- The homebuyer must complete an IRS Form 5405, and with their return, all eligible homebuyers must also include one of the following documents: A copy of the settlement statement showing all parties’ names and signatures, property address, sales price, and date of purchase (Normally this will be a properly executed HUD-1, Settlement Statement). While the Form 5405 instructions indicate that a properly executed settlement statement should show the signatures of all parties, the IRS recognizes that the elements of the settlement document may vary from jurisdiction to jurisdiction and may not reflect the signatures of the buyer and seller. The settlement statement that must be attached to the return is considered to be properly executed if it is complete and valid according to local law. In locations where signatures are not required, the IRS encourages the buyer to sign the settlement statement prior to attaching it to the tax return even in cases where the settlement form does not include a signature line.
- For mobile home purchasers who are unable to get a settlement statement, a copy of the executed retail sales contract showing all parties’ names and signatures, property address, purchase price and date of purchase.
- For a newly constructed home where a settlement statement is not available, a copy of the certificate of occupancy showing the owner’s name, property address and date of the certificate.
- A taxpayer who entered into a binding contract before May 1, 2010, that closes by July 1, 2010 (i.e. closed but haven’t filed before the new Act was signed July , 2010), must also attach pages from the signed contract showing all parties names and signatures, the property address, the purchase price, and the date of the contract.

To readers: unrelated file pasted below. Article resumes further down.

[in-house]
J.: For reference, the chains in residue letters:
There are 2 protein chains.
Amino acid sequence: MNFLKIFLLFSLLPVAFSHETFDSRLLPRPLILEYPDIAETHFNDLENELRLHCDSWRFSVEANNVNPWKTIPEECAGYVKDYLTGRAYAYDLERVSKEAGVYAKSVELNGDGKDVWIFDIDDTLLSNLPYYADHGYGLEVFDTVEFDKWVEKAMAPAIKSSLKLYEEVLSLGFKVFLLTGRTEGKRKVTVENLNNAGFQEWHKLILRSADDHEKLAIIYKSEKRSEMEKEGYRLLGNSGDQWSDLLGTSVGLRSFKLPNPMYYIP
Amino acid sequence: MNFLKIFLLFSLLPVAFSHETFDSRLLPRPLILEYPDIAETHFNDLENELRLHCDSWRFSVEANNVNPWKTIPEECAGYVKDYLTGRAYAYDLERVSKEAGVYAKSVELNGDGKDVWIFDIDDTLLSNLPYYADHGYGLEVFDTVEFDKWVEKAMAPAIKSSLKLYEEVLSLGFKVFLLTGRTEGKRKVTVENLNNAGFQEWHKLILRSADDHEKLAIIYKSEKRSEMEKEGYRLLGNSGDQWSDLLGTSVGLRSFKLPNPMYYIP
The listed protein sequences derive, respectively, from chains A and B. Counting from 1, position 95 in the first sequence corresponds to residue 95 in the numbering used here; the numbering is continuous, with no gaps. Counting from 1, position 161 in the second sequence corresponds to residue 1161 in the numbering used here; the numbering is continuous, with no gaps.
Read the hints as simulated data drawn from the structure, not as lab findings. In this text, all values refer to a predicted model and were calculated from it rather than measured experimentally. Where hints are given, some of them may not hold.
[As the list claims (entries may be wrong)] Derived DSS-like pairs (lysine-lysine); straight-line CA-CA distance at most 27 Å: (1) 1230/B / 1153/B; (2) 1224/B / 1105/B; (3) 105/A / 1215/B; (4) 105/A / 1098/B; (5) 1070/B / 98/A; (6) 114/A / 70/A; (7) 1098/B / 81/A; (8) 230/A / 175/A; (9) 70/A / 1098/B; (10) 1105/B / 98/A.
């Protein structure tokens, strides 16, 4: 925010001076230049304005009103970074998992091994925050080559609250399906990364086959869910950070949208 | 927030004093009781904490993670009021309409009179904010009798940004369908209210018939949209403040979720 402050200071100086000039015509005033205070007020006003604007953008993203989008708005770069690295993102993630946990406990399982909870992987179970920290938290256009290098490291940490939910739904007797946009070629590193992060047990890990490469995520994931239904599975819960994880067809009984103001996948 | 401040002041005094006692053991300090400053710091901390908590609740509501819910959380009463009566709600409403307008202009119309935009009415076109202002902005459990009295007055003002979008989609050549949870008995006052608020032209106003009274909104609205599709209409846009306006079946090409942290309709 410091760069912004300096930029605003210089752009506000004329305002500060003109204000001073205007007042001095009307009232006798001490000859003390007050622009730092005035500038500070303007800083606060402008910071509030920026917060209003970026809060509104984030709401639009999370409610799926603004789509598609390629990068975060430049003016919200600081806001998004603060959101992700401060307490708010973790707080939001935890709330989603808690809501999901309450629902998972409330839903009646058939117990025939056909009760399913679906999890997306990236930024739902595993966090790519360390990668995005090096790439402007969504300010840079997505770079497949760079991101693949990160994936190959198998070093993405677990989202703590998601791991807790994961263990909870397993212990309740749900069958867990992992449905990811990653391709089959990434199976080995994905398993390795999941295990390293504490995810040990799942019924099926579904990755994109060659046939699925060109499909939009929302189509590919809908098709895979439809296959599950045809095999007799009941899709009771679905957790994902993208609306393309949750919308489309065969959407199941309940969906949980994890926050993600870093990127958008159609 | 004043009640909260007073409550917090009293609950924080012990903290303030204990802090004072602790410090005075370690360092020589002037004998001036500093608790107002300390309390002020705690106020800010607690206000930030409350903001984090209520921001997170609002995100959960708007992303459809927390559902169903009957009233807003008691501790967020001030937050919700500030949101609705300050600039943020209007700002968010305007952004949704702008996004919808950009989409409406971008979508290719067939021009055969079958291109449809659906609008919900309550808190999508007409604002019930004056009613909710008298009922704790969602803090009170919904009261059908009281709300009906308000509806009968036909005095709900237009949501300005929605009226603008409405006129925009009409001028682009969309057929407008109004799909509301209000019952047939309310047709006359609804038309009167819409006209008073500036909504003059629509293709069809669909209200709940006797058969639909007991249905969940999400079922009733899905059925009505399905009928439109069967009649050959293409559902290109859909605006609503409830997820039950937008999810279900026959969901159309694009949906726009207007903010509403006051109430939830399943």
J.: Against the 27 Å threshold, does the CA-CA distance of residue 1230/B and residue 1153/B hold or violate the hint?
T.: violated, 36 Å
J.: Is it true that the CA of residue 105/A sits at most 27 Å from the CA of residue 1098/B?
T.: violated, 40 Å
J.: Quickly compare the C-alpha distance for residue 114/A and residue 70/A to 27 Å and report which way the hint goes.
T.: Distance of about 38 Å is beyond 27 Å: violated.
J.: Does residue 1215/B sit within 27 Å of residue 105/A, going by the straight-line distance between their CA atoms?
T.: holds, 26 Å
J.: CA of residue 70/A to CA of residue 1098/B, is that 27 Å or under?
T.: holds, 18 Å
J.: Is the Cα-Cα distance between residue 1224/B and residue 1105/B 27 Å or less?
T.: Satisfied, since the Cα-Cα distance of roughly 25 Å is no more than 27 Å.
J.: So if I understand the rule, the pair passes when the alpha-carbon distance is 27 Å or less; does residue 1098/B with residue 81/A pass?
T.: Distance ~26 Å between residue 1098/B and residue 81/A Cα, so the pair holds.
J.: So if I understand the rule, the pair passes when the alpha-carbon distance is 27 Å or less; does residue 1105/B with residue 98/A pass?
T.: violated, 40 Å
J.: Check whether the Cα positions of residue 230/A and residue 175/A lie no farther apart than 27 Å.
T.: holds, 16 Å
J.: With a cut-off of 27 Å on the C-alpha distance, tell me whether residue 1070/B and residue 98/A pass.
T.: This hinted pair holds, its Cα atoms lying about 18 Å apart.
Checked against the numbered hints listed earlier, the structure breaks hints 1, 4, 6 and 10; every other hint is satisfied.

- A taxpayer claiming the credit as a “long-term resident” of the same main home must attach copies of one of the following: Form 1098, Mortgage Interest Statement (or substitute statement); Property tax records; or Homeowner’s insurance records (For each of 5 consecutive years out of the last 8 years prior to purchase date of the new home).
Options for claiming the credit:
There are three options for claiming the credit on a qualifying 2010 purchase:
- If a 2009 return has not yet been filed, a taxpayer can claim the credit on an IRS Form 1040 for the 2009 tax year. Although it can no longer be filed electronically for 2009, taxpayers can still use IRS Free File to prepare their return. The returns must be printed out and sent to the IRS, along with the required documentation.
- If a 2009 return has already been filed, a taxpayer can claim the credit on an amended return using IRS Form 1040X.
- Whether or not a 2009 return has been filed, a taxpayer can wait and claim the credit on a 2010 IRS Form 1040.
The three-month extension of the closing date is intended to provide tax relief for those who could not close on time because of lender delays, and federal programs that have slowed down the home loan process, at no fault of their own. You should consult with your accountant to determine when and how you should file to best meet your financial needs. If you have questions about the interpretation of this act, or whether it applies to your particular situation you should contact an attorney.